After Love, quiet drama of loss and pain

Nathalie Richard and Joanna Scanlan in After Love

When I saw that After Love had earned actress Joanna Scanlan a BAFTA for Best Leading Actress in 2022, I had to take a look at it. The story involves a new widow and her discoveries about her husband’s secret life. This is the kind of movie that isn’t meant for you to enjoy, so much as to think about and feel.

After Love begins with a static, long shot of a husband and wife coming home. The woman, Mary (Joanna Scanlan), wears a Muslim head covering. She removes it as she fusses in the kitchen making tea. By the time she carries a cup of tea to her husband in the next room, he’s died.

Joanna Scanlan in After Love
Texting from a dead man’s phone

Many shots like the opening one are removed, distant. The emotion that Mary displays as the film progresses is observed from a distance, too. The nuances and subtle cues in Scanlan’s performance are all-important in understanding what happens.

Joanna Scanlan on the cliffs of Dover in After Love
Can you see the ferry coming

Mary lived in Dover. She frequently walked out on the high cliffs, watching for her husband’s return from his job on the ferry that ran back and forth to Calais.

After his death, she found evidence of another woman, another family, in Calais. She decided to confront them. She thought she’d reveal herself as soon as she arrived, but things took a twist.

Nathalie Richard in After Love
The other woman

The woman, Geneviève (Nathalie Richard), mistook Mary for a cleaner she’d hired to help her pack and move. Mary went along with the mistaken identity, which gave her the chance to look at everything in Geneviève’s life.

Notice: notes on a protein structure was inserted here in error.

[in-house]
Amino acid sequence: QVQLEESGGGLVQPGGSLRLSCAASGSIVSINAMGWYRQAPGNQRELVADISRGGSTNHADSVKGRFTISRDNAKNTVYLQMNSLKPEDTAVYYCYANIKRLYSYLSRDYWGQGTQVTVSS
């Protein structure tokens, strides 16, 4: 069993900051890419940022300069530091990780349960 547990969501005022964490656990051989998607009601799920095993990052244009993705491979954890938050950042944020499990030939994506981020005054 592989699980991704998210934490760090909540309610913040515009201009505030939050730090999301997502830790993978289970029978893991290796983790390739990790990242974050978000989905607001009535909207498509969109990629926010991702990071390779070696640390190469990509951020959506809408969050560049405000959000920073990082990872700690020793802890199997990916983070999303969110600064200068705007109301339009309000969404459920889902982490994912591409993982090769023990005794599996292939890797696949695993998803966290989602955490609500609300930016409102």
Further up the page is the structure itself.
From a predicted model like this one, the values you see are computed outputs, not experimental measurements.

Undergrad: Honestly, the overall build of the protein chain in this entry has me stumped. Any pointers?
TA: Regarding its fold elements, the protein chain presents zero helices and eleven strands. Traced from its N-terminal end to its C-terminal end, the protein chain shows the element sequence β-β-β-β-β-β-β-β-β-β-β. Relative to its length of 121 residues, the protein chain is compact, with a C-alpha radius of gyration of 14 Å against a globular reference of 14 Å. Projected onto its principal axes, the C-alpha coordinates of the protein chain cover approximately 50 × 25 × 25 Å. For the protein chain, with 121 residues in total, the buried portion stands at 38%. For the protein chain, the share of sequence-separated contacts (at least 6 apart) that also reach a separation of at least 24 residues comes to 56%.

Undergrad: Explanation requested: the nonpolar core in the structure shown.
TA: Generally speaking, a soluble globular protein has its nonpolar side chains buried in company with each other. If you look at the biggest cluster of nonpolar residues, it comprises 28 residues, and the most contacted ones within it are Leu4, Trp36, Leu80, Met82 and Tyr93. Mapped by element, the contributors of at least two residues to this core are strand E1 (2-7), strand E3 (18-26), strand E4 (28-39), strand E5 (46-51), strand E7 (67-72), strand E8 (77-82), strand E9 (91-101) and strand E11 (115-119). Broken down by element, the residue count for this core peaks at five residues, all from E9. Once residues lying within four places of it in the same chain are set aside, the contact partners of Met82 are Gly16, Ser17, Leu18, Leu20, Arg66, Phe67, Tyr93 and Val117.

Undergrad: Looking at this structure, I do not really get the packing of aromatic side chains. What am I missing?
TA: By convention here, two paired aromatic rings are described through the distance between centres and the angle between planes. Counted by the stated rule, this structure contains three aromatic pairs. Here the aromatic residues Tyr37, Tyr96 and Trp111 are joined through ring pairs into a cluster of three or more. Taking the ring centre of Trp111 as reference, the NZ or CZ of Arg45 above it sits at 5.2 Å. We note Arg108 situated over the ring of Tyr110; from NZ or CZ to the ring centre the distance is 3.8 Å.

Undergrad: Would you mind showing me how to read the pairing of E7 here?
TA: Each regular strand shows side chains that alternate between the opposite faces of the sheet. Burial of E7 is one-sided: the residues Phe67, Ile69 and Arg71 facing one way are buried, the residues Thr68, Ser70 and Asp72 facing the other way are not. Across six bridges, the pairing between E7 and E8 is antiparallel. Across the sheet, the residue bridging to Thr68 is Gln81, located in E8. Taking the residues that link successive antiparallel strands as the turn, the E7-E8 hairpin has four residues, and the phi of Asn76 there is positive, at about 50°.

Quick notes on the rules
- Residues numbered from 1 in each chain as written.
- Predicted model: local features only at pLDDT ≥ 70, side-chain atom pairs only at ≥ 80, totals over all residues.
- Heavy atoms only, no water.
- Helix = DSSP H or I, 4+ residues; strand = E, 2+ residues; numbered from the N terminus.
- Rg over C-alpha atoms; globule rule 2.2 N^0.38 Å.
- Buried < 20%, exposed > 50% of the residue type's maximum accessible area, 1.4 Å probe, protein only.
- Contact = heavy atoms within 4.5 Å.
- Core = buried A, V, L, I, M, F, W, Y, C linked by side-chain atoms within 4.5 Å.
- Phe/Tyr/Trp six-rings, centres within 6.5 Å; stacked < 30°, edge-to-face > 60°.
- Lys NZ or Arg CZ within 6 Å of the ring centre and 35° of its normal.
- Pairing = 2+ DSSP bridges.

Geneviève had a son, Solomon (Talid Ariss). His father was Mary’s husband. As they packed and chatted Geneviève revealed that she knew Solomon’s father was married to someone else.

A strange and unexpected bond developed between the two women and between Mary and Solomon. It turned what could have been the standard “man cheats with two families” story into something different and deeper.

The film was written and directed by Aleem Khan. There were long stretches with no dialog. Even when the speaking started it was halting and guarded. There was a lot of watching Mary cogitate on her situation. To put it another way, it was slow moving and quiet.

The film won many nominations and awards, but I wouldn’t call it a great film. It’s a lovely film, full of quiet dignity, about loss and healing.

It’s available as a rental on Prime Video now, and may be available from more streamers soon. If you take a look at it, please share your thoughts in a comment.

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